- Independence, courage and integrity.
- Challenging and supportive.
- Thoughtful communication.
- Breadth of experience.
2. The Executive Leadership Team: In a mature risk culture, everyone is responsible for the risk management of the business. This means doing the right thing and not putting the business at risk in the broadest sense. It is the role of the Executive leadership to ensure this culture is maintained and that all understand their collective and individual obligations. They empower their risk management team to partner with the business to ensure the right risk/reward balance is struck but they hold ultimate risk responsibility.
In a mature risk culture, each individual within the business understands their contribution including their risk management responsibilities. Collectively, the organisation can think long-term and strategically about the business challenges in the future and put in place plans to mitigate longer-term risk issues through strategic redirection. This is in addition to the risk management processes which ensure day-to-day risk mitigation. To achieve this, the Executive leadership needs to think beyond the quarterly financial reports that drive much of the corporate environment. As individual leaders, they may demonstrate some of the behaviours, values and competencies detailed in Developing Organisational Capability in risk management for the partners in risk management.
However, there are additional considerations for leadership in the complex environment created by the 21st-century company:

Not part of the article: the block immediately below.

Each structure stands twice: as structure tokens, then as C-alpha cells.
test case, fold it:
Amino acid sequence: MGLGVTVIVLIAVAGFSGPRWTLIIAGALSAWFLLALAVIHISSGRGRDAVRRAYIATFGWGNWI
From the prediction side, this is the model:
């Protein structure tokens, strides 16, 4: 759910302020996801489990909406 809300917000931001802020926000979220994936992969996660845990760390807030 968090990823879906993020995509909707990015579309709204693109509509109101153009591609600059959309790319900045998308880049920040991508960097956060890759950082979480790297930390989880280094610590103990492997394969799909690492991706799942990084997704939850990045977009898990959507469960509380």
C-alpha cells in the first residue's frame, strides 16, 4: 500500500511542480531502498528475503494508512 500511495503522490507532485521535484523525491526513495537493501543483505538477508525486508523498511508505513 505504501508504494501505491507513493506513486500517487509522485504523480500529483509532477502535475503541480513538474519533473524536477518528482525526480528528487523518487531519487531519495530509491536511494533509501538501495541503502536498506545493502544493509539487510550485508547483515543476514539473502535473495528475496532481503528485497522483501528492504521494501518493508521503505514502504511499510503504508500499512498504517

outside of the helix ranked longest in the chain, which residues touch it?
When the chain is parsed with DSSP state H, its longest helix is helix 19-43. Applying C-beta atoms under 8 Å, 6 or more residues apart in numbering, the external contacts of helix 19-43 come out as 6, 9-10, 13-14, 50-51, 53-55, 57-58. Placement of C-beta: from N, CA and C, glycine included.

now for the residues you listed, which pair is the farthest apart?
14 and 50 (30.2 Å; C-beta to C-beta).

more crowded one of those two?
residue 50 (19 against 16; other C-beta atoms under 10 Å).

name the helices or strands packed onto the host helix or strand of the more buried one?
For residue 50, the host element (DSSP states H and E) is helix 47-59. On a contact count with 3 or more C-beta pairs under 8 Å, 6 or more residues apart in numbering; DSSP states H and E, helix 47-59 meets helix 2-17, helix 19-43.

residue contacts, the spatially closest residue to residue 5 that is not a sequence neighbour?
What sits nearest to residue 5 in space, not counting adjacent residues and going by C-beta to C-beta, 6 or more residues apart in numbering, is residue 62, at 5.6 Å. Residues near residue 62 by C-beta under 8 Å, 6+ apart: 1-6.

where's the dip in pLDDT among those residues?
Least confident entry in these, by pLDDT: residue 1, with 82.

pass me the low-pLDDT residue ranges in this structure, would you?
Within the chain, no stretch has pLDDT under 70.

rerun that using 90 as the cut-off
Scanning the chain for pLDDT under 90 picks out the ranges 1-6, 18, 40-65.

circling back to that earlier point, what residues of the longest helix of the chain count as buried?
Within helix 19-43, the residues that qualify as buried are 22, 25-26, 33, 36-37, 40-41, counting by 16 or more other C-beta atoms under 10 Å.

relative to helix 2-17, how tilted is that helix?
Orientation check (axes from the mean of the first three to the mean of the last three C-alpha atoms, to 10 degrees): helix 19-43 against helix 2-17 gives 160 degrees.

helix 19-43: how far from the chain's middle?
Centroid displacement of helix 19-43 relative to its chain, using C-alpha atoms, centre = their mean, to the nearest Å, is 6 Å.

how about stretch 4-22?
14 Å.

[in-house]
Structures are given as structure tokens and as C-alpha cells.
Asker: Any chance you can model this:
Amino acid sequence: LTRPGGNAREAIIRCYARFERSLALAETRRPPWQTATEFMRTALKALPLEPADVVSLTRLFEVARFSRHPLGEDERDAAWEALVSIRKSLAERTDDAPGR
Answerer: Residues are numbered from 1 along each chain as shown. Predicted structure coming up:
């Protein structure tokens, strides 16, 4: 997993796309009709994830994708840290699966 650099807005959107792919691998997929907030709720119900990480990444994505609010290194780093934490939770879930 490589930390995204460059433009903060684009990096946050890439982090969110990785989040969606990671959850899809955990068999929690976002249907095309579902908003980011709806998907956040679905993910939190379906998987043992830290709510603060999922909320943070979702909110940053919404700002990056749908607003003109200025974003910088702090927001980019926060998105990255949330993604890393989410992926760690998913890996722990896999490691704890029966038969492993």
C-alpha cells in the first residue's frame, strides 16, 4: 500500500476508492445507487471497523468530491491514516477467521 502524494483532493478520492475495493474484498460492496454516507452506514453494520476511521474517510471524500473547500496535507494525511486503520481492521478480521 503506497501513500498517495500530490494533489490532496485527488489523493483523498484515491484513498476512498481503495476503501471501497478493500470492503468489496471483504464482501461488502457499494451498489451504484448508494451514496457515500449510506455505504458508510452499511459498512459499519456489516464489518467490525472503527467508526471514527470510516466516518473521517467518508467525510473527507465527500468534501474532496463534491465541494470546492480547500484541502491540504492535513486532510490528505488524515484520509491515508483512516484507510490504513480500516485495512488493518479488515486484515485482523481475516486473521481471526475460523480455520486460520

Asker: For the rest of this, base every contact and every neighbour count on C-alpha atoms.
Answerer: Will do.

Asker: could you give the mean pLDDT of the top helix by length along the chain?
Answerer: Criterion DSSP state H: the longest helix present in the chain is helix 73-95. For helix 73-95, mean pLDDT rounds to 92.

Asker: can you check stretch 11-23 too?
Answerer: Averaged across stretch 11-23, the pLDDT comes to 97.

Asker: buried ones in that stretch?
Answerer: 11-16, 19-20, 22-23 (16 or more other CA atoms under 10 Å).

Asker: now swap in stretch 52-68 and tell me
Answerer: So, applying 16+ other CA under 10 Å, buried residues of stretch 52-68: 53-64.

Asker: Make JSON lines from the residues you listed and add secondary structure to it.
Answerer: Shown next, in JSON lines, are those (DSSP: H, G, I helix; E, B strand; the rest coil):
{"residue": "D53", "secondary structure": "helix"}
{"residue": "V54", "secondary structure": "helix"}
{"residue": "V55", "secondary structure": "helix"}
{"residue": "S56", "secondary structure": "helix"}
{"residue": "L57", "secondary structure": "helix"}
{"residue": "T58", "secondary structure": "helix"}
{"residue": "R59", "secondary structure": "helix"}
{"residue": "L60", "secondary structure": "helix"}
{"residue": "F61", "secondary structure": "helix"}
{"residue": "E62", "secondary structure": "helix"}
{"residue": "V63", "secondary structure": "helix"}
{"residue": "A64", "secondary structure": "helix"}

- Evaluating long-term value over short-term financial gain.
- Ensuring equal value (role/power/money) is placed on commercial risk management and revenue drivers.
- The ability to empower all direct reports to operate in a mature risk environment.
- The willingness to hear and act on challenges.
3. The Senior Risk Leader And His/Her Team: For this blog, we will assume that the senior risk leader is responsible for enterprise risk management as a CRO, head of enterprise risk management or a head of the risk. There are companies where several senior individuals collectively take the executive responsibility for independent risk management but an increasing number are appointing one individual to be responsible across the entire organisation or business division. Success requires a desire for understanding and risk maturity on behalf of the Board and the business leaders, and of course, an individual capable of the head of enterprise risk/CRO role. This is a significant and increasingly complex role requiring technical breadth, worldly wisdom, stature and the ability to influence as well as communicate succinctly and with clarity.